FCC Has Legal Obligation to Preserve Free TV

Legislators suggest FCC should not push too far
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It appears that the FCC could not reclaim all of broadcasters’ spectrum even if it wanted to. That, however, doesn’t mean the commission can’t recapture a lot of real estate.

But what happens if too many broadcasters volunteer to give up their spectrum— including, for instance, all of the stations in a particular market—when the FCC comes calling with an offer to pay broadcasters to relinquish it?

FCC broadband plan spokesman Mark Wigfield says the commission, by law, has to ensure that some level of over-the-air service remains in each market. That means the commission, at least under current law, can’t clear the broadcast band. It also means that not everyone who wants a buyout may get it.

FCC Chairman Julius Genachowski said in a Feb. 24 speech to the New America Foundation that, as part of the national broadband plan, the FCC will propose a voluntary Mobile Future Auction that will permit TV broadcasters and other licensees to give up spectrum in exchange for a share of the proceeds. Agency officials had previously signaled that the proposal would be part of the broadband plan.

“[T]he FCC is already required by law to make sure there is a fair representation of broadcasters in every state,” Wigfield says.

“There are a number of levers the FCC could use to ensure continuation of over-the-air broadcasts in a market, including establishing rules in any spectrum auction that would require a level of over-the-air service remain.”

Wigfield’s reference to fair distribution stems from the Telecommunications Act’s requirement that “in considering applications for licenses, and modifications and renewals thereof, when and insofar as there is demand for the same, the Commission shall make such distribution of licenses, frequencies, hours of operation, and of power among the several States and communities as to provide a fair, efficient, and equitable distribution of radio service to each of the same.”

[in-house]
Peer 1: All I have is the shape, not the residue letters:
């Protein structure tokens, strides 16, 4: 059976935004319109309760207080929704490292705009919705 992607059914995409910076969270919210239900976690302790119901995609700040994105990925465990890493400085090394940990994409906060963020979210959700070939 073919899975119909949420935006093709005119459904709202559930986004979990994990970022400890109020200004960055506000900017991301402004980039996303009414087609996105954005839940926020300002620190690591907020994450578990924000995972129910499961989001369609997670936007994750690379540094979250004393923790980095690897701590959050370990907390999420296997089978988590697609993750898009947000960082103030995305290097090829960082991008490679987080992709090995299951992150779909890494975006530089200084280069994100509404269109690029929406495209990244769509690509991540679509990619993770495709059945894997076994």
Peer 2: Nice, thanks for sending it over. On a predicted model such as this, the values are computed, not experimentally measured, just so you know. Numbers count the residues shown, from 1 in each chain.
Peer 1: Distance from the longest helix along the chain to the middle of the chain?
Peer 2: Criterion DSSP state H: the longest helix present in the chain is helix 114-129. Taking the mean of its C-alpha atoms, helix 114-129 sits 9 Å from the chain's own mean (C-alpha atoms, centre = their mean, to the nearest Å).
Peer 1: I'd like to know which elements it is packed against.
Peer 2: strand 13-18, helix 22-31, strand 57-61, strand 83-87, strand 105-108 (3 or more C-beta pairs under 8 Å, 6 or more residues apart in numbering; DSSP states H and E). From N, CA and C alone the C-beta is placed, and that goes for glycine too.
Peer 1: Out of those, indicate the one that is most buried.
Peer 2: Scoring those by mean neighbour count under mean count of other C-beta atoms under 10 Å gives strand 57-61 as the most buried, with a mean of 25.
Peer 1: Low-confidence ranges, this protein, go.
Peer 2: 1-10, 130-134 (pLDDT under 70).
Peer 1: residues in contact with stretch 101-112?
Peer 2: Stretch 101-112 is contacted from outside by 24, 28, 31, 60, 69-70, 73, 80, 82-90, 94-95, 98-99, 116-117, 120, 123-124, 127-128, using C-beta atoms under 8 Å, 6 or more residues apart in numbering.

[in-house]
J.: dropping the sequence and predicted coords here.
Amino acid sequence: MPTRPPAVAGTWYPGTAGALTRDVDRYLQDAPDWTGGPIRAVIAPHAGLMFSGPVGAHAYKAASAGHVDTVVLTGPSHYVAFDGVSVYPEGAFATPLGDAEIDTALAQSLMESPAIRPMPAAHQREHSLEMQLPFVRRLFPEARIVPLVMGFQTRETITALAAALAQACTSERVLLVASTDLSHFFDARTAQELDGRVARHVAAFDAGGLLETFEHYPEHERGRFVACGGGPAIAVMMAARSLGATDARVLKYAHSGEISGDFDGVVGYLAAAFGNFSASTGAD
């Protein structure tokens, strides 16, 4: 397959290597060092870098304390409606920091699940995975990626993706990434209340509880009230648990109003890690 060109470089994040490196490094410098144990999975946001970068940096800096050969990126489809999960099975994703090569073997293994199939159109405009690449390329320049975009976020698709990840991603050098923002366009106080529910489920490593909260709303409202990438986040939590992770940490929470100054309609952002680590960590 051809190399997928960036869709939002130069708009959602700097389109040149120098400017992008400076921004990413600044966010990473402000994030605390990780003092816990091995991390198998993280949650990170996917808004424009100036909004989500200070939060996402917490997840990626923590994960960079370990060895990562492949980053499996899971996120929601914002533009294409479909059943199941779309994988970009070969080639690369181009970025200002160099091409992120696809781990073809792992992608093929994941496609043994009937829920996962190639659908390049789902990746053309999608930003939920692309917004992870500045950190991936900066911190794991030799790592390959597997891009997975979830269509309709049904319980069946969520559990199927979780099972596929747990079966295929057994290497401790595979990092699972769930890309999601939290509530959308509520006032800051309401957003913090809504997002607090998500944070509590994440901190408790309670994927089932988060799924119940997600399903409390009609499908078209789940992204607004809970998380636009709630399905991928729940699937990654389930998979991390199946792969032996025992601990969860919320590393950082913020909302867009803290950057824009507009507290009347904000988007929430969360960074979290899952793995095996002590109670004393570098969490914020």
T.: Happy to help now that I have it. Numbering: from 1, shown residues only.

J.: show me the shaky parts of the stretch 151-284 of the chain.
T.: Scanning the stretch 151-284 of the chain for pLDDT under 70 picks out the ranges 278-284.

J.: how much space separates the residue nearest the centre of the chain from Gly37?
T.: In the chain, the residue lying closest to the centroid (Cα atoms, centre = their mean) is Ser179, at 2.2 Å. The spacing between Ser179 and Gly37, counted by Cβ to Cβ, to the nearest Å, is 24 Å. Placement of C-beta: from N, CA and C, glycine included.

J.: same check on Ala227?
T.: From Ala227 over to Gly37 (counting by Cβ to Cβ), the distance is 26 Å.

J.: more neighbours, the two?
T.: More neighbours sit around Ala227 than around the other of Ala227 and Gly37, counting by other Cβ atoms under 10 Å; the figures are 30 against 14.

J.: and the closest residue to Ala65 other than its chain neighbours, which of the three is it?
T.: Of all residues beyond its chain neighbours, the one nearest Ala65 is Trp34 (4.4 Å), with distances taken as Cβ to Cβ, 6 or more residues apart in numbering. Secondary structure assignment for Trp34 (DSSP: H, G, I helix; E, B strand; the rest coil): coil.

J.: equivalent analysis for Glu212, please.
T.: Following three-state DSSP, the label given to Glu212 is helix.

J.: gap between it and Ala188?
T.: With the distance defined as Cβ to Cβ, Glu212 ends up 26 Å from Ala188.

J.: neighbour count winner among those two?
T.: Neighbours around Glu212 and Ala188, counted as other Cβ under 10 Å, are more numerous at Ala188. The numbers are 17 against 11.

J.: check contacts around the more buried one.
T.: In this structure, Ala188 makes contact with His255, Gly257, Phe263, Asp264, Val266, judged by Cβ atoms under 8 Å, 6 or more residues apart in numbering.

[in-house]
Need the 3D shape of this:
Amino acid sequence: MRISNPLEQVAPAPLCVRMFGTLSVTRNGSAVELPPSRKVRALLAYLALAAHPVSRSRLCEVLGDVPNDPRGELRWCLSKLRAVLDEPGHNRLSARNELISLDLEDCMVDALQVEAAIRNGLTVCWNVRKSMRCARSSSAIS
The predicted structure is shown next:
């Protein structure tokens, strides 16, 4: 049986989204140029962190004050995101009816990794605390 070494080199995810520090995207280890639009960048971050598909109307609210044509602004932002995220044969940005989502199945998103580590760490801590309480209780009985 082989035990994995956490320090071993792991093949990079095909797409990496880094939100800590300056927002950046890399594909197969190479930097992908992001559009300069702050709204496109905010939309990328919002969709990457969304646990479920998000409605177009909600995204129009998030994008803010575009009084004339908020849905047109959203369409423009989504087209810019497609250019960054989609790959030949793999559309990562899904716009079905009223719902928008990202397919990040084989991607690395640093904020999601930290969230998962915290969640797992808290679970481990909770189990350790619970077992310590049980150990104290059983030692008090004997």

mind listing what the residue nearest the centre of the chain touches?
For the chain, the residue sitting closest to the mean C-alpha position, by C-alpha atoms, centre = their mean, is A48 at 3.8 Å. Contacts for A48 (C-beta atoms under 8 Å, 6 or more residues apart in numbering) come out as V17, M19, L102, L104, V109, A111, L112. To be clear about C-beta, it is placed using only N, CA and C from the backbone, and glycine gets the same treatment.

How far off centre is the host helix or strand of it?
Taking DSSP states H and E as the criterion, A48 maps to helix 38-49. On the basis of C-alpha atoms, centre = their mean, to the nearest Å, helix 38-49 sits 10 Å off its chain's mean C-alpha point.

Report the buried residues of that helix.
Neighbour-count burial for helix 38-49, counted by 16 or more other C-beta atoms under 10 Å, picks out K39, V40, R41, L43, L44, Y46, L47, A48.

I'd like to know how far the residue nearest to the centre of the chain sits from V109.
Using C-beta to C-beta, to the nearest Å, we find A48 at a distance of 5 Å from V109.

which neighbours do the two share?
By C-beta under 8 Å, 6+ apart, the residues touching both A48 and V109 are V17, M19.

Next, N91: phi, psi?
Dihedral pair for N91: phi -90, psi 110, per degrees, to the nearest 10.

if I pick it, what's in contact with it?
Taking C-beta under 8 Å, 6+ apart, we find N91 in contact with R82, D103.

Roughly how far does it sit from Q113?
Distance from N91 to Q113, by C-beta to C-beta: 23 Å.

“If everybody in a market wanted to take their deal? Yeah, that would be a problem,” said a broadcast attorney who asked not to be identified. He says that absent a band-clearing, he isn’t sure how different the FCC’s voluntary plan is from broadcasters’ current ability to turn over spectrum—and in this case, lease it—for compensation.

“As long as you put on one free standard- definition signal, which does not take up much space, you can sublease the rest of it. This really doesn’t seem to change much unless you want to go out of business.”

Veteran broadcast attorney John Crigler of Garvey Schubert Barer agrees that the commission has to navigate this statutory requirement concerning fair access, but Crigler sees it more as a hurdle than a wall: “This is something the FCC is going to have to deal with if it starts to recapture broadcast spectrum. There is a mandate under [Section] 307(b) to provide a fair distribution of broadcast services everywhere.”

But that provision does not necessarily give Crigler much comfort. “One reason is that you can change the statute, particularly when a large sum of money is raised under a congressional nose,” he points out. “And second, it might just complicate the recapture rather than make it impossible. The way that 307(b) has been read is that [it provides] at least a first broadcast service everywhere,” which the FCC could do without changing the statute by leaving at least one station in every market. That, however, does not resolve the problem of figuring out who stays and who goes.

Some legislators—John McCain comes to mind—have complained long and mightily about the prospect of broadcasters being compensated for their public spectrum, in reference to analog and digital duplication during the DTV transition. In this case, congressional opposition to compensation might throw a monkey wrench into the FCC’s reclamation plans; that could be a good thing for broadcasters, especially those who might otherwise view the “voluntary” program as a mandate cloaked in an invitation.

Both House Communications Subcommittee Chairman Rick Boucher (D-Va.) and former Energy and Commerce Chairman John Dingell (D-Mich.) said last week that they opposed any mandatory move of broadcasters off the band. Boucher added that whatever moves the FCC makes should not reduce any broadcaster to only standard definition signals, and it should first do a thorough spectrum inventory to figure out where the spectrum should come from.

The likelihood of an oversubscription by broadcasters to the plan is not great, if the National Association of Broadcasters’ vociferous defense of all its spectrum is any indication. Still, there are plenty of private equity companies in the business that might take the government-sponsored opportunity to cash out.

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